Riverfront refreshments, smokehouse specialties, and favorites from local farms.
Summertime, and the livin’ is easy...
Unless you’re a bartender at Torches on the
What’s the main draw? Well, there’s the stunning riverfront setting. And a huge 6,000-gallon salt water aquarium — home to 30 varieties of fish — serves as a dramatic backdrop to the mahogany woodwork and hand-crafted, sea-themed lighting fixtures. Add in the fact that boatloads of partyers can dock right at the restaurant to mingle at the outdoor bar. “Our crowd is primarily local, mainly Dutchess and Orange counties, but a lot of people come up by boat from Rockland and Jersey for the night,” says Banker. “That’s quite a scene down on the docks, everyone hanging on their boats.”
So will Banker share some secrets of those summer nights? “There is a lot of goofy stuff that goes on. Girls are out strutting their stuff,” he says. “I won’t say much more than that. But no, no one has fallen in the river or anything like that.”
Naturally, the cocktails do their part to draw in the crowd. “Each summer we roll out 10 or 12 specialty drinks,” confides Banker. “All of us get together and collaborate to come up with some intriguing options.” But don't take his word for it; try one at home. The recipe for one of 2007’s specialty drinks, the Tangerine Dream, is below. Or stop by Torches and let Banker do the honors.
Torches on the Hudson
120 Front St., Newburgh
Can’t get to the farmer’s market? Then ask the farmer’s market to come to you.
The Web site, www.MyPersonalFarmers.com, is the brainchild of Maryanne Hedrick. A food marketer for more than 20 years, Hedrick moved from Hoboken to Peekskill two years ago. “For the first time, I experienced farmer's markets,” she says. “Being a marketer and so in love with the food that comes from the Hudson Valley, I thought, ‘There’s a great, delicious resource right in our back yard.’ ”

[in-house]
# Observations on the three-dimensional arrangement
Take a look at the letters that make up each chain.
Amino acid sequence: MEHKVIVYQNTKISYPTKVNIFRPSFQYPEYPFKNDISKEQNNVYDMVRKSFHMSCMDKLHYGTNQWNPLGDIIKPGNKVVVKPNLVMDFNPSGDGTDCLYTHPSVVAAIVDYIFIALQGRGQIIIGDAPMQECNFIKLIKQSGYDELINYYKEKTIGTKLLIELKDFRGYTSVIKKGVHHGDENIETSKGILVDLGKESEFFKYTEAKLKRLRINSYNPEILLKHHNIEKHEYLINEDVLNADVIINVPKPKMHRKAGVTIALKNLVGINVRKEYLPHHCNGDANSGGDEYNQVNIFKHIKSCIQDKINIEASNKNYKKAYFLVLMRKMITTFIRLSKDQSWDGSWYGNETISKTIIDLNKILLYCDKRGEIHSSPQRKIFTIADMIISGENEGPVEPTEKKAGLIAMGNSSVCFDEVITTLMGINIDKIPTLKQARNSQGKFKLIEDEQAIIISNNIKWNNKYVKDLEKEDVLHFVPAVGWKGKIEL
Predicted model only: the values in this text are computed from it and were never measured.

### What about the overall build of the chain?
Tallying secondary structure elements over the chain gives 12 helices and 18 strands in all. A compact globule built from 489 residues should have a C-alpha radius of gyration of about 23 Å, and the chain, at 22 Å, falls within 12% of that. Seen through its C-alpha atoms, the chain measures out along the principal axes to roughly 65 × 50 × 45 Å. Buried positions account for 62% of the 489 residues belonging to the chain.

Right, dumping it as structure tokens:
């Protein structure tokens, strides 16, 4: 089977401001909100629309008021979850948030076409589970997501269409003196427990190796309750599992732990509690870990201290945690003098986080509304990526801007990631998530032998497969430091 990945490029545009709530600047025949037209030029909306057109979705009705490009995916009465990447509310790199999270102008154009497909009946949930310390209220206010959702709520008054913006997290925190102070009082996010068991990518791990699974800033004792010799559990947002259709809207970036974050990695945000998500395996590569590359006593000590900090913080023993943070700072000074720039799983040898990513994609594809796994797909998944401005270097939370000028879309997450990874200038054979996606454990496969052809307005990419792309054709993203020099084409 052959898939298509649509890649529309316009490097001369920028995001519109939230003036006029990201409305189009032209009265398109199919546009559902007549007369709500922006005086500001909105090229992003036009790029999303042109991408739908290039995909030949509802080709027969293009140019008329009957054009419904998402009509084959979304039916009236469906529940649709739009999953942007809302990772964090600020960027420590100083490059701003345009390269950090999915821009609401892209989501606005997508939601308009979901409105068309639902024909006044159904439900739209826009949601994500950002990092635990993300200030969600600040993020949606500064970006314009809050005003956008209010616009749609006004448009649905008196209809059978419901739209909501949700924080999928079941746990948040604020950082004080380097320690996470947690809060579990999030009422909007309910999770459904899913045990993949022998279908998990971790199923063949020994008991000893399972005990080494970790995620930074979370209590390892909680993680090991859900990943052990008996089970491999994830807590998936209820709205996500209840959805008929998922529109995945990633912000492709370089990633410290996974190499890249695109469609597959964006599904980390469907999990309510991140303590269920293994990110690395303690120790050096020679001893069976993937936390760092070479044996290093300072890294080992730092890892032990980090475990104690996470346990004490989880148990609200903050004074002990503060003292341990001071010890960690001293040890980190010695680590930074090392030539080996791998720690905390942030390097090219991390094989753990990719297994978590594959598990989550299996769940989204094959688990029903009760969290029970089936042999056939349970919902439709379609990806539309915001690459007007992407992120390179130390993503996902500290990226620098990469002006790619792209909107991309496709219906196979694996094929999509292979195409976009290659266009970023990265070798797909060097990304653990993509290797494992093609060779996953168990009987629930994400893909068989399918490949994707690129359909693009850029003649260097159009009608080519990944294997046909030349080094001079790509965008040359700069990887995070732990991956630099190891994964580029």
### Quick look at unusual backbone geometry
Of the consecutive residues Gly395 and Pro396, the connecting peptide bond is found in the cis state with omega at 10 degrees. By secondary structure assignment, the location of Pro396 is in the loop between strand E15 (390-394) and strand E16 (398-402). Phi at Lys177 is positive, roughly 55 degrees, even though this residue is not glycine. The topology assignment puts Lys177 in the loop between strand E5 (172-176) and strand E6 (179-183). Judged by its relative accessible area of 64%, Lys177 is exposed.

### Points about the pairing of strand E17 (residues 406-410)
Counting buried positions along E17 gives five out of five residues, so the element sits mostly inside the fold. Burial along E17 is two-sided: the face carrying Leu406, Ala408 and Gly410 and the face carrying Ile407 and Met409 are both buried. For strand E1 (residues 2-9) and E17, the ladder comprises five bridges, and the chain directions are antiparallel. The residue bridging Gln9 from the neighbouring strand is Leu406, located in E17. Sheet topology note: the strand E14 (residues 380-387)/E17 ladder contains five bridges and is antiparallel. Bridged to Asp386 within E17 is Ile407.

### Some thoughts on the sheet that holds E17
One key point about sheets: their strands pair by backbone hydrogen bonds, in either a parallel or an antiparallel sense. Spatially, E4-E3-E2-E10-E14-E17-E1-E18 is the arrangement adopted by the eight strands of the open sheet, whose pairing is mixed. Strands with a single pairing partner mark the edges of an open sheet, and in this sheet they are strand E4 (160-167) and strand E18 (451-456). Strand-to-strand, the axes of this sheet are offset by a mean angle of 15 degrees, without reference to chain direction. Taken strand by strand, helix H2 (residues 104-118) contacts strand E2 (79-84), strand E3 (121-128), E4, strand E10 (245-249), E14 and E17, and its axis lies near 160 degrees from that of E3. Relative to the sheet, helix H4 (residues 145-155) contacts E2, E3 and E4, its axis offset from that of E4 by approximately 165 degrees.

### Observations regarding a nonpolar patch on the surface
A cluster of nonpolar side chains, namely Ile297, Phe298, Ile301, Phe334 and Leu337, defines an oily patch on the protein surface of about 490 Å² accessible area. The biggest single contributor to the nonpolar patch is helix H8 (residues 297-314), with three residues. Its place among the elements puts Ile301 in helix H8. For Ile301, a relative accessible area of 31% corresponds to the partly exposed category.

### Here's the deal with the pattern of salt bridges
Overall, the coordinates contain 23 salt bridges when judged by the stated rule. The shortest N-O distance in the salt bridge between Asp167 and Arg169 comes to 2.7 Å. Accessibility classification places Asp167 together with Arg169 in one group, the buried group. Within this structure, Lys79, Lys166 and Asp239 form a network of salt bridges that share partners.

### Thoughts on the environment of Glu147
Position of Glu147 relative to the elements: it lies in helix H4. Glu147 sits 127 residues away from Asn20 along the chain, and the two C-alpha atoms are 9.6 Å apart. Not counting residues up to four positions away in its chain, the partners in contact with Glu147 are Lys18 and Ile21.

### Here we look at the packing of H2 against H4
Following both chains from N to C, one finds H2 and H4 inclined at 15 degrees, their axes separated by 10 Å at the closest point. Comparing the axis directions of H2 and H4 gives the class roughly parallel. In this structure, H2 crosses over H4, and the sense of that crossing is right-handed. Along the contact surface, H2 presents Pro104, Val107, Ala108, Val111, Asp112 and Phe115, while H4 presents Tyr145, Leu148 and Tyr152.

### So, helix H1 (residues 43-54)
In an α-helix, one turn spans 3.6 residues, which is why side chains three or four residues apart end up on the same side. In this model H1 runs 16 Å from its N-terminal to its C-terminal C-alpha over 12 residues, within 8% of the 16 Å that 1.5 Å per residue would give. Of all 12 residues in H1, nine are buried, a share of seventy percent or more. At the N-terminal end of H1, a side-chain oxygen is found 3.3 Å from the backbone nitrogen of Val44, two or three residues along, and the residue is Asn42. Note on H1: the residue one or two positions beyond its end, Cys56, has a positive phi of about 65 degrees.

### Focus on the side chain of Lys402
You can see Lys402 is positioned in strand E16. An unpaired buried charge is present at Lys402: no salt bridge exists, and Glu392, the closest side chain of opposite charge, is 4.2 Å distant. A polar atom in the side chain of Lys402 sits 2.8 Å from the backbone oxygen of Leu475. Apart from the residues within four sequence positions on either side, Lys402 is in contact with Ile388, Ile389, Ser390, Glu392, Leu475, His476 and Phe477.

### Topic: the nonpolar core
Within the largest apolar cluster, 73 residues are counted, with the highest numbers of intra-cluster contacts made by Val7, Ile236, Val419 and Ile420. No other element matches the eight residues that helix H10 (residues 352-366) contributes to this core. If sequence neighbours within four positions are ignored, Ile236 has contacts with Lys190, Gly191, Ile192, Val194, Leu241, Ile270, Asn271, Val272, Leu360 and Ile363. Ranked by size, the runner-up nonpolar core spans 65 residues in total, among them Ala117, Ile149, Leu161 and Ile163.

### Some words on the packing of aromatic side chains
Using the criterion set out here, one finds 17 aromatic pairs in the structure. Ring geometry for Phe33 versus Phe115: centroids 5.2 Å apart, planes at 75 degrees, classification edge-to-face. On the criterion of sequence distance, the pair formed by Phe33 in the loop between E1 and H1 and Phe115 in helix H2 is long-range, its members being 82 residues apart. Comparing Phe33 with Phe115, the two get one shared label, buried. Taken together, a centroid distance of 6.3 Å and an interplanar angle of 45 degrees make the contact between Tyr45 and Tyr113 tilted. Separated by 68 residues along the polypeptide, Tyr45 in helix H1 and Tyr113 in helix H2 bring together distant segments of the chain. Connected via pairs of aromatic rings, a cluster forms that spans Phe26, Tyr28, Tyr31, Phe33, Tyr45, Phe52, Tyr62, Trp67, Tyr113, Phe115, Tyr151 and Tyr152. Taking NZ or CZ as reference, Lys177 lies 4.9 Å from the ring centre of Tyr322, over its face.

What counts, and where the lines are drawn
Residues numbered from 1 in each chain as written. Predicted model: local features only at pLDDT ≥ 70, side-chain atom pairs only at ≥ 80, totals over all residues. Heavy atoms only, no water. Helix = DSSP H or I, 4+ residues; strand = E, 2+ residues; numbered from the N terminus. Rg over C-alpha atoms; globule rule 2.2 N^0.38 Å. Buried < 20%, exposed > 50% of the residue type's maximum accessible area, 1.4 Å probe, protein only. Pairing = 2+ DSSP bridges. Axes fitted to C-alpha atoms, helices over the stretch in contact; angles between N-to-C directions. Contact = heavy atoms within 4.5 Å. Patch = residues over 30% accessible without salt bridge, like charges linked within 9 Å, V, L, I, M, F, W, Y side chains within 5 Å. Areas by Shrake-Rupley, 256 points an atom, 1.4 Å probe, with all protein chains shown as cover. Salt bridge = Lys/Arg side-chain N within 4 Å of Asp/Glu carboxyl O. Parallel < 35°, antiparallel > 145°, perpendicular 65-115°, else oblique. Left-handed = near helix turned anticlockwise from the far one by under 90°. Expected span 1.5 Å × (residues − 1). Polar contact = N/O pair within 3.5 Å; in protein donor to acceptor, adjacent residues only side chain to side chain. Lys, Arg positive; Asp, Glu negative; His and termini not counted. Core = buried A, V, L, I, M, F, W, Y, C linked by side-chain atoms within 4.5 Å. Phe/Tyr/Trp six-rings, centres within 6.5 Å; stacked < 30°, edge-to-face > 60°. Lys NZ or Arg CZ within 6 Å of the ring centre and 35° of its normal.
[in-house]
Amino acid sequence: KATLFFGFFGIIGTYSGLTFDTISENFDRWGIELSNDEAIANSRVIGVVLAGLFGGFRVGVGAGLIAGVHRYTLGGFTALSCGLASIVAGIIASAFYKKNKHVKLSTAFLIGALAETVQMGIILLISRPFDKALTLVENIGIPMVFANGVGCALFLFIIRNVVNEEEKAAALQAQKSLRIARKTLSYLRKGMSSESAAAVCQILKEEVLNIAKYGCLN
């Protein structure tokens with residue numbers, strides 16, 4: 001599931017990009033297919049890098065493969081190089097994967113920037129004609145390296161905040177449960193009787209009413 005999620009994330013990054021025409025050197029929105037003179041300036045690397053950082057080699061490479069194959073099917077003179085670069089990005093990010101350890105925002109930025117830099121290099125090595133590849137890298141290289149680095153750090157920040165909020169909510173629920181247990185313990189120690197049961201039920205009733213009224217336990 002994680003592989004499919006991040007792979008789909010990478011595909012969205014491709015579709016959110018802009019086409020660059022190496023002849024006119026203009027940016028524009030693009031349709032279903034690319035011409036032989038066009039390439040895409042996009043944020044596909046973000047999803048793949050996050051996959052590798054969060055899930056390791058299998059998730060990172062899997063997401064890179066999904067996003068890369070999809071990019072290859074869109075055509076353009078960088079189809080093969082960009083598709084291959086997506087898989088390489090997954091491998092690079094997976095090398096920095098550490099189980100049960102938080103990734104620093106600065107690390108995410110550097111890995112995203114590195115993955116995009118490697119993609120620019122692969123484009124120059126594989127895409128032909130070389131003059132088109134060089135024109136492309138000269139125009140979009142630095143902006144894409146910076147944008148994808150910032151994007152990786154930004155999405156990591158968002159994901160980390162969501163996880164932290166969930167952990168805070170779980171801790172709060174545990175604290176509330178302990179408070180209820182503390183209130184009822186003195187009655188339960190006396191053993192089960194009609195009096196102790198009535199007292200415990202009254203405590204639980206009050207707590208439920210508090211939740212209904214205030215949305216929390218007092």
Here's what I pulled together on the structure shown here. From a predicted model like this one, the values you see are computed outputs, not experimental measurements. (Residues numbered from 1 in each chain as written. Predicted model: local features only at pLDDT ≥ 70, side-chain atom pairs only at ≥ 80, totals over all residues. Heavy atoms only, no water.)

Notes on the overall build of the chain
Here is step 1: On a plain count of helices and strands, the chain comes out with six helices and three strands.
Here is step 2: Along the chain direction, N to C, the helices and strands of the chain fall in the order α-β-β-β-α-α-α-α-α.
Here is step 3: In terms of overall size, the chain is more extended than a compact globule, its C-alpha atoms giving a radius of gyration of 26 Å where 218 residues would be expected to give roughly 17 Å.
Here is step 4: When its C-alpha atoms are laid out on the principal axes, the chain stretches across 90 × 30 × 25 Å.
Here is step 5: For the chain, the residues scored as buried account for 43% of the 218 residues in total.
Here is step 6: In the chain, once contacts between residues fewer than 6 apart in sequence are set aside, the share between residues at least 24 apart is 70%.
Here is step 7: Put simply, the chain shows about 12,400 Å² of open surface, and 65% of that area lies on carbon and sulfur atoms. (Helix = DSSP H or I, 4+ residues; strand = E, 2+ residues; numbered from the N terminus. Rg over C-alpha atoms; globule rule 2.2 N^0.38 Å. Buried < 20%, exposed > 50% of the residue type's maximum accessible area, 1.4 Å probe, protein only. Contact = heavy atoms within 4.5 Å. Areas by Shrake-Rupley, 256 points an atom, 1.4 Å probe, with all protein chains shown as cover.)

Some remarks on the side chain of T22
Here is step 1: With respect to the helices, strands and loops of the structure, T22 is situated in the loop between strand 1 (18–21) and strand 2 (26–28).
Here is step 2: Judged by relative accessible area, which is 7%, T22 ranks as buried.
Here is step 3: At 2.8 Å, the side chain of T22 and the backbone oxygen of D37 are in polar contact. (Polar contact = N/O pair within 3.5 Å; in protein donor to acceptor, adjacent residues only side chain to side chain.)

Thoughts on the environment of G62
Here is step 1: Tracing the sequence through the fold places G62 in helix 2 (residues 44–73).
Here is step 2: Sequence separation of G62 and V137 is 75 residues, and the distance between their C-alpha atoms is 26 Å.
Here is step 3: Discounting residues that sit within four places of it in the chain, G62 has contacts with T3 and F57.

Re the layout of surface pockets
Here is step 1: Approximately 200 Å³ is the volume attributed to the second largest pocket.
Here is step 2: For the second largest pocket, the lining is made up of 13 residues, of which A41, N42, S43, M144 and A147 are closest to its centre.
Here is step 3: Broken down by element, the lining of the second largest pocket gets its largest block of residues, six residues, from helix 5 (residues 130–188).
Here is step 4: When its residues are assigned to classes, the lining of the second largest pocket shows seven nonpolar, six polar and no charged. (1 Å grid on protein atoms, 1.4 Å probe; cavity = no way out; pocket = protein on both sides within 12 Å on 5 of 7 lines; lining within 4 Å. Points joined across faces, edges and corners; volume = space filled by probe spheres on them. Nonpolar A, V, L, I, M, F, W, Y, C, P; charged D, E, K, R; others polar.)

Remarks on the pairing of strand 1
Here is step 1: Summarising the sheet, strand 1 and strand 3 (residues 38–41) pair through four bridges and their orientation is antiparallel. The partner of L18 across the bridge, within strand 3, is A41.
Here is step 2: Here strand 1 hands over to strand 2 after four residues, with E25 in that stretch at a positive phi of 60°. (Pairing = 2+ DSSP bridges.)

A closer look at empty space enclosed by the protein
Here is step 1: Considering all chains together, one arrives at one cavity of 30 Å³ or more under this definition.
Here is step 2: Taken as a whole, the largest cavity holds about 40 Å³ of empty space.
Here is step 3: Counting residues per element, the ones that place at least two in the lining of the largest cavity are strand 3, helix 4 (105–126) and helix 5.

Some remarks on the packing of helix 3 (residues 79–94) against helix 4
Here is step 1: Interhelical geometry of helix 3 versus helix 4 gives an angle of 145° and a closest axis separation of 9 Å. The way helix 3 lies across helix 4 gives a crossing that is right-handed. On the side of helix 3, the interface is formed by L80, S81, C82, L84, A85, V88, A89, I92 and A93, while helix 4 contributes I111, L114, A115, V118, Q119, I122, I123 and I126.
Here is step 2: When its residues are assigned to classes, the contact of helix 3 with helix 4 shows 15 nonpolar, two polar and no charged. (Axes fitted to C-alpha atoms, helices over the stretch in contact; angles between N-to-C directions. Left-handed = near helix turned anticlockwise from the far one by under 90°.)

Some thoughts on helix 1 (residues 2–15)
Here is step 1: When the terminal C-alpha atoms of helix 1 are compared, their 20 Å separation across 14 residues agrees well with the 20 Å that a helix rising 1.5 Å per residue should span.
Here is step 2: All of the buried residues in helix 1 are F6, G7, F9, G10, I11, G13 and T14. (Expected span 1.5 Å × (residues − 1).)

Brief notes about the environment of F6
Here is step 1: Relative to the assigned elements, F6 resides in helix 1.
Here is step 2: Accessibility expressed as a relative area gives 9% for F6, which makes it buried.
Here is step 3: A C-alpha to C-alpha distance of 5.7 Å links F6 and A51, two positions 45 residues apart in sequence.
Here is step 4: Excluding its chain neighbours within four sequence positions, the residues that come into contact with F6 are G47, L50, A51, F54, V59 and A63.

Hedrick is looking to fill a gap. “There is a big trend of eating locally grown products, but you can’t get this food outside the markets. The farmers need help selling more — they are not marketers — and I am sure there are people like me who need a way to get this food.”
Westchester residents (she hopes to expand to other counties eventually) can subscribe to a weekly shopping guide which lists everything available that week. The minimum order is $25, plus $15 for the delivery, and payment is arranged through PayPal. Deliveries are made on Fridays and Saturdays to any home, office, or business in the county.
“The convenience is important,” Hedrick says, “but the story is the food. The food is so fantastic. I went to all the markets and tasted cheeses, honey, bread, dairy products — I tasted a granola at a food fair, it was oh-my-God delicious.”
— David Levine
Getcha Red Hot Cyber-Meat Here
Tom and Katherine Gray began wholesaling smoked meats 26 years ago the old-fashioned way: they carved a small retail space out of their Patterson (Putnam County) home. How quaint. How 20th century. How pre-Internet.
Last October, Paul Rashba and three other partners created www.HudsonValleySmokehouse.com to peddle the Gray’s meats and other distinctly Hudson Valley food products. Today, customers from as far away as California and Florida are buying Valley-smoked ham, turkey, salmon and other items from the comfort of their computer screens.
“We are trying to keep the site all artisanal products produced in the Hudson Valley,” Rashba says. “There are so many great foods produced here in small batches, and that’s our focus. My sense is that people who order from us all have connections to the Hudson Valley.”
The site also offers a line of certified organic smoked meats. “I haven’t found another site out there that does that, certainly not in the Northeast,” Rashba claims. Even the nonorganic products are created without liquid smoke or artificial colors. “The taste is really there,” Rashba says.
The site currently stocks about 40 items. Smoked turkeys start at $51.95 for a 10-pound bird. Smoked hams (boneless or bone-in) start at $47.95. A pound and a half of organic bacon goes for $12.95. A tasty sausage sampler — kielbasa, chicken sun-dried tomato, Andouille Cajun, chorizo, and bratwurst, plus specialty mustard — sells for $44.95.
“We add new products all the time,” Rashba says, “like baby back ribs” (two one-pound racks for $24.95). “We’re looking to add things like venison, duck and cheeses. And we always offer specials. We’re building a site where people can order complete meals, from soup to dessert.”
They’ve even hooked up with Master Chef Fritz Sonnenschmidt, formerly of the Culinary Institute of America, to create recipes, answer questions, and lend his expertise to help customers prepare and serve these tasty Valley treats — wherever they may be.
— David Levine
Caption: Party pleaser: Banker with some of Torches’ summer specialties.